On your marks. Get set. Sell!

Don't wait for spring. Now is almost certainly the best time to put your property on the market, say the experts

A smoother ride lies ahead: this is the consensus of opinion in the property world. The ups and downs of the past 18 months will flatten out into a period of more modest but steady growth. Prices are predicted to rise nationally from between 4-6 per cent over the coming year.

A smoother ride lies ahead: this is the consensus of opinion in the property world. The ups and downs of the past 18 months will flatten out into a period of more modest but steady growth. Prices are predicted to rise nationally from between 4-6 per cent over the coming year.

Reassuring though that forecast may be, how does that translate into a personal decision of whether to move, when to sell or what to buy? Crystal ball-gazing is not a science, but a few sound tips from those in the know can be rewarding and could reduce the numbers of us who look back over the past year and mutter regretfully that if only we'd known and how we wish we had done this, that or the other.

Just before Christmas more than a few would-be sellers took their properties off the market hoping that by March they would have more buyers snapping at their heels. "A suicidal move," is the opinion of Ed Mead of Douglas and Gordon, the London estate agents. As 2001 dawns he suggests those homes go back on to the market as soon as possible. "January is about the best time to sell. People are cashed up and ready to go and have a new year resolution to go out and buy. There are fewer properties for them to choose from and anything that is compromised in any way has a much better chance of selling now. There are about 30 per cent more buyers looking at one place in January than there are in the spring. Anyone who is thinking of taking their property off the market is missing out on a real opportunity. They should hang in there."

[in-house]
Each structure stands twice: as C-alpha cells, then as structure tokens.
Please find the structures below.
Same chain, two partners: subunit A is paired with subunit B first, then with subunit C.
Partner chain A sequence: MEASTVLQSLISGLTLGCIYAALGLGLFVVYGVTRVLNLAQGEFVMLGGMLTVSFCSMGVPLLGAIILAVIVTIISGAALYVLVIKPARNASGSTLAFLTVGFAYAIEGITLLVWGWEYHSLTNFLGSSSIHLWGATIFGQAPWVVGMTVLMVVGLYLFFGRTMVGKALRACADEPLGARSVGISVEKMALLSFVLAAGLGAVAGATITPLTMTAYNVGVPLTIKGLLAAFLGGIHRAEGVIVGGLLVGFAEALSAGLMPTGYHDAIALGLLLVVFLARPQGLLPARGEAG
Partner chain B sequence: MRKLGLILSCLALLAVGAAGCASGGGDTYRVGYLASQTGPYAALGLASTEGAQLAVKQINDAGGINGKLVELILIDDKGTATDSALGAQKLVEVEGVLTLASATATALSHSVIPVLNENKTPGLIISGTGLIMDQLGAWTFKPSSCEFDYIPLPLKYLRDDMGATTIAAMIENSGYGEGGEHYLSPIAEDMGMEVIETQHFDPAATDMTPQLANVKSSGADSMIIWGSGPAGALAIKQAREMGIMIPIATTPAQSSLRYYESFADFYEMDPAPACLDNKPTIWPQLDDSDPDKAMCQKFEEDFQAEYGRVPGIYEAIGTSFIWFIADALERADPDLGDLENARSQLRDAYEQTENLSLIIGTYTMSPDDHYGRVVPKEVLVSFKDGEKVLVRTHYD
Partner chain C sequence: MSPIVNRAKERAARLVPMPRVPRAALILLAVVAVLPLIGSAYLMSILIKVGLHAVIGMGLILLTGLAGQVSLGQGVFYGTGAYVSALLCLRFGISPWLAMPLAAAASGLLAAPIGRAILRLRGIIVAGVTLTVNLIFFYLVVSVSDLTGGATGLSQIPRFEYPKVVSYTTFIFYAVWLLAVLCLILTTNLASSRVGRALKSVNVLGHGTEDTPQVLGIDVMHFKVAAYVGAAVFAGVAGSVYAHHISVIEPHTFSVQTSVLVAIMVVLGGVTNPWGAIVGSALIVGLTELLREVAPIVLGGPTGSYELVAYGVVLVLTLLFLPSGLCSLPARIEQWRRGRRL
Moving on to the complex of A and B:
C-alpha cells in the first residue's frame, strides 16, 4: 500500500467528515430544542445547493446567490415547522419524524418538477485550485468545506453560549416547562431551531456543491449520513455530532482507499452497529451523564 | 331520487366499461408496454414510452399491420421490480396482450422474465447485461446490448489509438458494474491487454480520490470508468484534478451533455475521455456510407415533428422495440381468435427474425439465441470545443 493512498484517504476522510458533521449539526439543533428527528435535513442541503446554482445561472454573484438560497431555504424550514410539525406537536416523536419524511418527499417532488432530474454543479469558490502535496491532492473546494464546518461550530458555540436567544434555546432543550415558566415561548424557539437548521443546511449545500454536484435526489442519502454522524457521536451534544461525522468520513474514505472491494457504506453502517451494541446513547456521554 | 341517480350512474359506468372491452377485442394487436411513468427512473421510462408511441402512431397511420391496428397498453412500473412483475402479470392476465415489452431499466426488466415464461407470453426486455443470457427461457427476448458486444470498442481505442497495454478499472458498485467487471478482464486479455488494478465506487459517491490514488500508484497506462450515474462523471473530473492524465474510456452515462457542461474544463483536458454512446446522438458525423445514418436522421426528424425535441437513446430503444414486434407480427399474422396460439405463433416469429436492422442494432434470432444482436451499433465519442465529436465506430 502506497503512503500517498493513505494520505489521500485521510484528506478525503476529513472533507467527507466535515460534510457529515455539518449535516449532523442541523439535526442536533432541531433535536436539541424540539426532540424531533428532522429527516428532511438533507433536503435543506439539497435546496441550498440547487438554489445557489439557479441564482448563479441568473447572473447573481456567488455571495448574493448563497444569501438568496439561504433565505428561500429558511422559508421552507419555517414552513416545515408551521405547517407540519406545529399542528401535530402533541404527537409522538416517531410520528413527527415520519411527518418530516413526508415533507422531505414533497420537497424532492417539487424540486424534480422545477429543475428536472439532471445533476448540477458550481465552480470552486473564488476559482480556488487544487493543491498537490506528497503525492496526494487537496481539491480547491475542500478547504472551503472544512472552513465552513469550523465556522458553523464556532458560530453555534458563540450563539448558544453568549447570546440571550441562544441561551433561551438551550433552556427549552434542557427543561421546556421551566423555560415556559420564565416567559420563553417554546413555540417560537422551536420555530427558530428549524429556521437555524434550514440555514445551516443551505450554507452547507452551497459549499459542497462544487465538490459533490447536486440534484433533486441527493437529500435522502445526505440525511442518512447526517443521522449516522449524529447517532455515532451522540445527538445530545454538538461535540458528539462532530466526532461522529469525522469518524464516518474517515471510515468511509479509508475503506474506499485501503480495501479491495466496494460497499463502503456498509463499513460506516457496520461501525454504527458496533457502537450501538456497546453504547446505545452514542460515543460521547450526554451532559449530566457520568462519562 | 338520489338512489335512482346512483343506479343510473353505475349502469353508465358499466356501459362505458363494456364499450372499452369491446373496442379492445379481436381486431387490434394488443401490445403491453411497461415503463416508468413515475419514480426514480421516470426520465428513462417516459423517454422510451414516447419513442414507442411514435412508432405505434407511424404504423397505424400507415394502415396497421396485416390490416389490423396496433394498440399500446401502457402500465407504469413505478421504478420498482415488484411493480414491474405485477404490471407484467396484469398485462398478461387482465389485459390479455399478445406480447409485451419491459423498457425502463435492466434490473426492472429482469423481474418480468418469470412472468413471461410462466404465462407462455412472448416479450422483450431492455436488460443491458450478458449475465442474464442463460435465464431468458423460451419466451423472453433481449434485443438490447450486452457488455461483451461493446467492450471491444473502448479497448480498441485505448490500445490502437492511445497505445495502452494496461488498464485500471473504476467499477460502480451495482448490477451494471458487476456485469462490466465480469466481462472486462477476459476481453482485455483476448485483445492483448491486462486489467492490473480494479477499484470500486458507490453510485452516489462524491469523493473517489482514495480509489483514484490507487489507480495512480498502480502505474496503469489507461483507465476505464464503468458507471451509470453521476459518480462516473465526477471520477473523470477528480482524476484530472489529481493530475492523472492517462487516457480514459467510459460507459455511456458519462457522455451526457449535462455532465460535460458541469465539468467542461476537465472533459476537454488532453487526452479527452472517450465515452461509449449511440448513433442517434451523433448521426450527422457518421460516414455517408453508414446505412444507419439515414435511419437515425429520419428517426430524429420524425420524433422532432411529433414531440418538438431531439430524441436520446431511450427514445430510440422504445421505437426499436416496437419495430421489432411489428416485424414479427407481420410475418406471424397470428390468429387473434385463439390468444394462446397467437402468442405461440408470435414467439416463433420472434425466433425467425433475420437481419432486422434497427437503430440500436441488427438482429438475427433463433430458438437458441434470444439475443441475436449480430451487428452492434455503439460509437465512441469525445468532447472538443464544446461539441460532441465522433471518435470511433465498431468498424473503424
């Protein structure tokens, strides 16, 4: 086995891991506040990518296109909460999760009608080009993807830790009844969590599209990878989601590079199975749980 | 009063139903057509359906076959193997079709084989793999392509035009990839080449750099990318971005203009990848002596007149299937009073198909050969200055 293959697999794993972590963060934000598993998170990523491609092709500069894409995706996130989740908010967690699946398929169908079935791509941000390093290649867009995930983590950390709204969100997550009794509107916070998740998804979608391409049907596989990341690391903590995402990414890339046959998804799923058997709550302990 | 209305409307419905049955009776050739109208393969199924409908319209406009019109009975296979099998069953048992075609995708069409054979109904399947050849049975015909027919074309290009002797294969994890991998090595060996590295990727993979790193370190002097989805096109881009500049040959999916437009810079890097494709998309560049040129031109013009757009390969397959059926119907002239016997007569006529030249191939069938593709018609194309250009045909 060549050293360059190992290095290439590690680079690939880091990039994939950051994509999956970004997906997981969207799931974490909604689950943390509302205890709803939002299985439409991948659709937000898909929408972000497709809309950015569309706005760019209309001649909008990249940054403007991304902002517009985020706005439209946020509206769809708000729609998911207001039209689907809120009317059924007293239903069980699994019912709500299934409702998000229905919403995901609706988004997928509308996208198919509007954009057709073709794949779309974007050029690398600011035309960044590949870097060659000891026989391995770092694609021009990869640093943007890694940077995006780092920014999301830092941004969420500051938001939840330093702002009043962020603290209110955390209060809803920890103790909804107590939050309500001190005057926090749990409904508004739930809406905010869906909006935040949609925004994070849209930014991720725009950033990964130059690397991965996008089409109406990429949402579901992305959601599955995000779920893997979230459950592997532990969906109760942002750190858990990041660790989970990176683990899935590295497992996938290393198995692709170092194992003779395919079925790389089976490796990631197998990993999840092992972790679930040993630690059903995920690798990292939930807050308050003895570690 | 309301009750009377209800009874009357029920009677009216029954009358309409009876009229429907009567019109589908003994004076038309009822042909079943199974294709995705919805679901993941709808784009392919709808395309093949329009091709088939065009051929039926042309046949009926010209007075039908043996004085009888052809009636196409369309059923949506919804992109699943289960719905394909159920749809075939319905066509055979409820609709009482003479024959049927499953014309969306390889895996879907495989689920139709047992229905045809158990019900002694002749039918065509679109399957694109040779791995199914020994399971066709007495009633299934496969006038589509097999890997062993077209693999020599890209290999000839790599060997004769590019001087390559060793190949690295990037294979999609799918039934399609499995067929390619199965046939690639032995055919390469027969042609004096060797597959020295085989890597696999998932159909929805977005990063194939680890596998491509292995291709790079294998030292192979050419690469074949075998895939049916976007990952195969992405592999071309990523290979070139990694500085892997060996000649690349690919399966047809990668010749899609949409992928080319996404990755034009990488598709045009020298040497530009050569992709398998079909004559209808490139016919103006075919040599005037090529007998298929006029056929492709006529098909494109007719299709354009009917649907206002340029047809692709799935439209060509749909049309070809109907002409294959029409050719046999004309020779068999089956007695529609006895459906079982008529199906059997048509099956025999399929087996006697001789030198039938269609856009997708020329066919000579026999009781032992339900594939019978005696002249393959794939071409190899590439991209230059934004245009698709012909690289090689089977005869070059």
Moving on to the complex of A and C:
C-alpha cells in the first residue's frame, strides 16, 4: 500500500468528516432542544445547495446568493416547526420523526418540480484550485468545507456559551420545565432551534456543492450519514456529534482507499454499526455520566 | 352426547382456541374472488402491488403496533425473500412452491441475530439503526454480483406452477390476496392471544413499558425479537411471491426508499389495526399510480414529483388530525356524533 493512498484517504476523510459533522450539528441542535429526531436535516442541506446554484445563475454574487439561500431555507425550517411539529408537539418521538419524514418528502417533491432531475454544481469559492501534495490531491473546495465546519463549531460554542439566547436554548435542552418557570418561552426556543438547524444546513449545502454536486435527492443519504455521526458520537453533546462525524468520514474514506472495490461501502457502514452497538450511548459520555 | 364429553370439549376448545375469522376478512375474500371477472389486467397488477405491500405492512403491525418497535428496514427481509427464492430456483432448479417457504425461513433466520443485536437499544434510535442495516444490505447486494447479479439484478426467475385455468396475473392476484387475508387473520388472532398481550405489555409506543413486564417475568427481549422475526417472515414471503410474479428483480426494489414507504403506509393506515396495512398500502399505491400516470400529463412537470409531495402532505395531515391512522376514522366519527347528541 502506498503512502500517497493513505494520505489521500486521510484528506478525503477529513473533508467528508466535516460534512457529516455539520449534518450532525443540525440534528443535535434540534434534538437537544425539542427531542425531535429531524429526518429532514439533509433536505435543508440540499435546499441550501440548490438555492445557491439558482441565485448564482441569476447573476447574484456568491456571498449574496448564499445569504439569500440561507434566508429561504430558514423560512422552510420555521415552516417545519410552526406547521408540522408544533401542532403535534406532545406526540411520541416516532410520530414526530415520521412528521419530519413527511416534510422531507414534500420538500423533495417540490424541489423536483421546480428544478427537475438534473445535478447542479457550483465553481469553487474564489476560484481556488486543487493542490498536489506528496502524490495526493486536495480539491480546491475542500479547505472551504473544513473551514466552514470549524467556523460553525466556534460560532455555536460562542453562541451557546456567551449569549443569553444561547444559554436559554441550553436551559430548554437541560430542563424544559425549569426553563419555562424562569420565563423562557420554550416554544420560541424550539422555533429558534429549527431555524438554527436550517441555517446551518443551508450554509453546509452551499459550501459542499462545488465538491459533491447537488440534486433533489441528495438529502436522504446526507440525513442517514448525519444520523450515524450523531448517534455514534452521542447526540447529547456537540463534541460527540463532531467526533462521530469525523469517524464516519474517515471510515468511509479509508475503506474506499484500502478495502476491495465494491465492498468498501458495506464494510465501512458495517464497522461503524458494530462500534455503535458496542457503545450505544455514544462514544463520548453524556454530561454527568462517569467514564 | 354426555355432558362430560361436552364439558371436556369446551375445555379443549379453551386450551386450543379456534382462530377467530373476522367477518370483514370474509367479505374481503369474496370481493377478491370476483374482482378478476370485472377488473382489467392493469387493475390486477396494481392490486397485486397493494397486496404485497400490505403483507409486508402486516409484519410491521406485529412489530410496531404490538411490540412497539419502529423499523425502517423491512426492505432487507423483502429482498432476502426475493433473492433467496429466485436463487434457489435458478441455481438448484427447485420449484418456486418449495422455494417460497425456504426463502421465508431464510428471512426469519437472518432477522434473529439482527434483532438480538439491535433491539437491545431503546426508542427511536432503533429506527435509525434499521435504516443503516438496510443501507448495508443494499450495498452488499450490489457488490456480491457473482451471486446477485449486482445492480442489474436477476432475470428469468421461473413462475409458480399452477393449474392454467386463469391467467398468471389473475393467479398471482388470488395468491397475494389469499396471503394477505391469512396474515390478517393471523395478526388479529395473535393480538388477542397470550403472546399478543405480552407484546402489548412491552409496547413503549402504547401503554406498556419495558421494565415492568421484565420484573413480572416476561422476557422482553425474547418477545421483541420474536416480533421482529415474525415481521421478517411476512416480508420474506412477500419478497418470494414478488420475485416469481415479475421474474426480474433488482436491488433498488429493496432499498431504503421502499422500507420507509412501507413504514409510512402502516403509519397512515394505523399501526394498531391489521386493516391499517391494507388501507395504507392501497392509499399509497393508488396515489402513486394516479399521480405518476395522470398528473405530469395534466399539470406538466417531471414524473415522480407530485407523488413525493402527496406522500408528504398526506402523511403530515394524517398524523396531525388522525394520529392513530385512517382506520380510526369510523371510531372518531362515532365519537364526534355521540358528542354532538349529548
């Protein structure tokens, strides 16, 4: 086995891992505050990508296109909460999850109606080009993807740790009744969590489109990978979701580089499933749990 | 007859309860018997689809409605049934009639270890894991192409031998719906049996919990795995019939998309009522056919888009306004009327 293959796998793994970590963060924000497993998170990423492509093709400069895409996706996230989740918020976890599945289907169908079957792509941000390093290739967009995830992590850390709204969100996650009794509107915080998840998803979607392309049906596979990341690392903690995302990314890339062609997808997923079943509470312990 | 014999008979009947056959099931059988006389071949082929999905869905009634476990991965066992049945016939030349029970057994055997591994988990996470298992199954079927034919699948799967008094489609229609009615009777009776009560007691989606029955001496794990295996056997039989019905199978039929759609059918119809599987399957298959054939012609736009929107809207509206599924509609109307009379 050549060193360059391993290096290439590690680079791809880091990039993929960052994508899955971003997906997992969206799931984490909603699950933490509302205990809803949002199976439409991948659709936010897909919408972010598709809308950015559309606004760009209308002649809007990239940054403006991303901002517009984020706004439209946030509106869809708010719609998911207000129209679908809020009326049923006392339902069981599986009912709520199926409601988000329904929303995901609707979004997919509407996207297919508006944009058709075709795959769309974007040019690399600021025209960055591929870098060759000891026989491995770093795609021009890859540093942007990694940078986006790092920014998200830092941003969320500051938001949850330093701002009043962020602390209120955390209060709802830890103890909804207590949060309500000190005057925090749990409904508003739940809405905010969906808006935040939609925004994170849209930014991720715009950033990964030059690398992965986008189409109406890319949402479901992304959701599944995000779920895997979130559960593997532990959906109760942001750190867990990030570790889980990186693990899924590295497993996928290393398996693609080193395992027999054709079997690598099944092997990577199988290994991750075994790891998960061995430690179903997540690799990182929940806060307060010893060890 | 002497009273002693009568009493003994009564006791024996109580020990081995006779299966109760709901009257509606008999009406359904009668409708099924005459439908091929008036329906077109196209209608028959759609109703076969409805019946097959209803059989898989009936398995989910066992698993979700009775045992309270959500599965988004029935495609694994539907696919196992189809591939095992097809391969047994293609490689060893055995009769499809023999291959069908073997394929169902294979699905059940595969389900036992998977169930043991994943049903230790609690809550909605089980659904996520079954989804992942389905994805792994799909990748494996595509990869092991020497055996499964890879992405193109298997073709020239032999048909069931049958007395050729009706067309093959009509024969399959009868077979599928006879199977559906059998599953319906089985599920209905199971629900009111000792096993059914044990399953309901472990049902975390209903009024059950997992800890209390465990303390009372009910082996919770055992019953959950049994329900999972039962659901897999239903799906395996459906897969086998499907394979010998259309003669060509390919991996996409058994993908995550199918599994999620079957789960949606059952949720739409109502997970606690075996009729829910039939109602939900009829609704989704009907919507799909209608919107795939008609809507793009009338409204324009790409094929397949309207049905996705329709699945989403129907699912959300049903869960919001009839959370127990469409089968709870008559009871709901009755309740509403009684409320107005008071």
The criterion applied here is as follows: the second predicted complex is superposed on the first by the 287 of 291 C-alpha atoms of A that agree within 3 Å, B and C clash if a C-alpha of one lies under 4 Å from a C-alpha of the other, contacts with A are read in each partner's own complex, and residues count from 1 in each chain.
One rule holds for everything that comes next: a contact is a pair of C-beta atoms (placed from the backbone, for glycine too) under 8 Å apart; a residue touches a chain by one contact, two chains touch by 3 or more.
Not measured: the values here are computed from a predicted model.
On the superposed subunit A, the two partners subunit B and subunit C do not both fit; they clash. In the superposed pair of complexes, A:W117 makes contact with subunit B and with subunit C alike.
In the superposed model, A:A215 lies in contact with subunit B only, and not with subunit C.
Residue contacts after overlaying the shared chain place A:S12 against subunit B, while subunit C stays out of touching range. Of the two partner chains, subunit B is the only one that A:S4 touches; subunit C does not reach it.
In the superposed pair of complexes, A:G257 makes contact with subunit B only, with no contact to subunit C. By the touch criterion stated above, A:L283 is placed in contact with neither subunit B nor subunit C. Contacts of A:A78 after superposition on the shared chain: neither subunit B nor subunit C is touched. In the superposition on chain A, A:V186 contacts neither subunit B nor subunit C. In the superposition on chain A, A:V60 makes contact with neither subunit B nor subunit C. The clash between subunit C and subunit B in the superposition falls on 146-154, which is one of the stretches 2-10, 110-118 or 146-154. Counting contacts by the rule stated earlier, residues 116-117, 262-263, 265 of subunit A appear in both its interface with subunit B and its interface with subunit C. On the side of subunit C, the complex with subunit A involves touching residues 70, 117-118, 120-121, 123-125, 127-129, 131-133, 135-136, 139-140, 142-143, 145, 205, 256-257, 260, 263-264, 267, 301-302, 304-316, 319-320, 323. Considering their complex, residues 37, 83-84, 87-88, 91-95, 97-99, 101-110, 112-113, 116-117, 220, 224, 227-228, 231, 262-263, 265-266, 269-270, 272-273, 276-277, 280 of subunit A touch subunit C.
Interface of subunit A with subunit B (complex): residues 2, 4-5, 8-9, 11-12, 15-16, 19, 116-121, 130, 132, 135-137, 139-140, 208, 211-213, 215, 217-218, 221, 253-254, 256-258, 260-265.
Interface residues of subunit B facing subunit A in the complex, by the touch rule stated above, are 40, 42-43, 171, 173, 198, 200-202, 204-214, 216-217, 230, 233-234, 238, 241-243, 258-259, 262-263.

For those who have resolved to leave city life and move into the country, now is the time to look for small farms, says Rupert Bradstock of Property Vision, which advises buyers.

"Country houses on the edge of villages within an hour or so south and west of London will remain as much in demand as ever, but where I believe there is real scope is in those properties with a couple of hundred acres. Farmers already at the end of their tether who were unable to get their crops in the ground are attracted by the prices they can get for their properties. The houses have not had money spent on them for a long time and someone who is prepared to take on a rundown farmhouse will be able to create something special, paying around £1m-£1.5m.''

For a different area and price range, Quentin Jackson-Stops of Jackson-Stops and Staff, believes house-hunters would do well to look in south Northamptonshire, where much of the countryside is as pretty as the Cotswolds but cheaper. "It is a good spot for a weekend cottage because to travel to London is easy. It is sandwiched between the M40 and M1 with a 40-minute journey by rail from Milton Keynes to Euston. A detached four-bedroom cottage in a village can be bought for £250,000-£275,000. For those who want the reverse, a larger five- or six-bedroom village house would cost between £500,000-£750,000."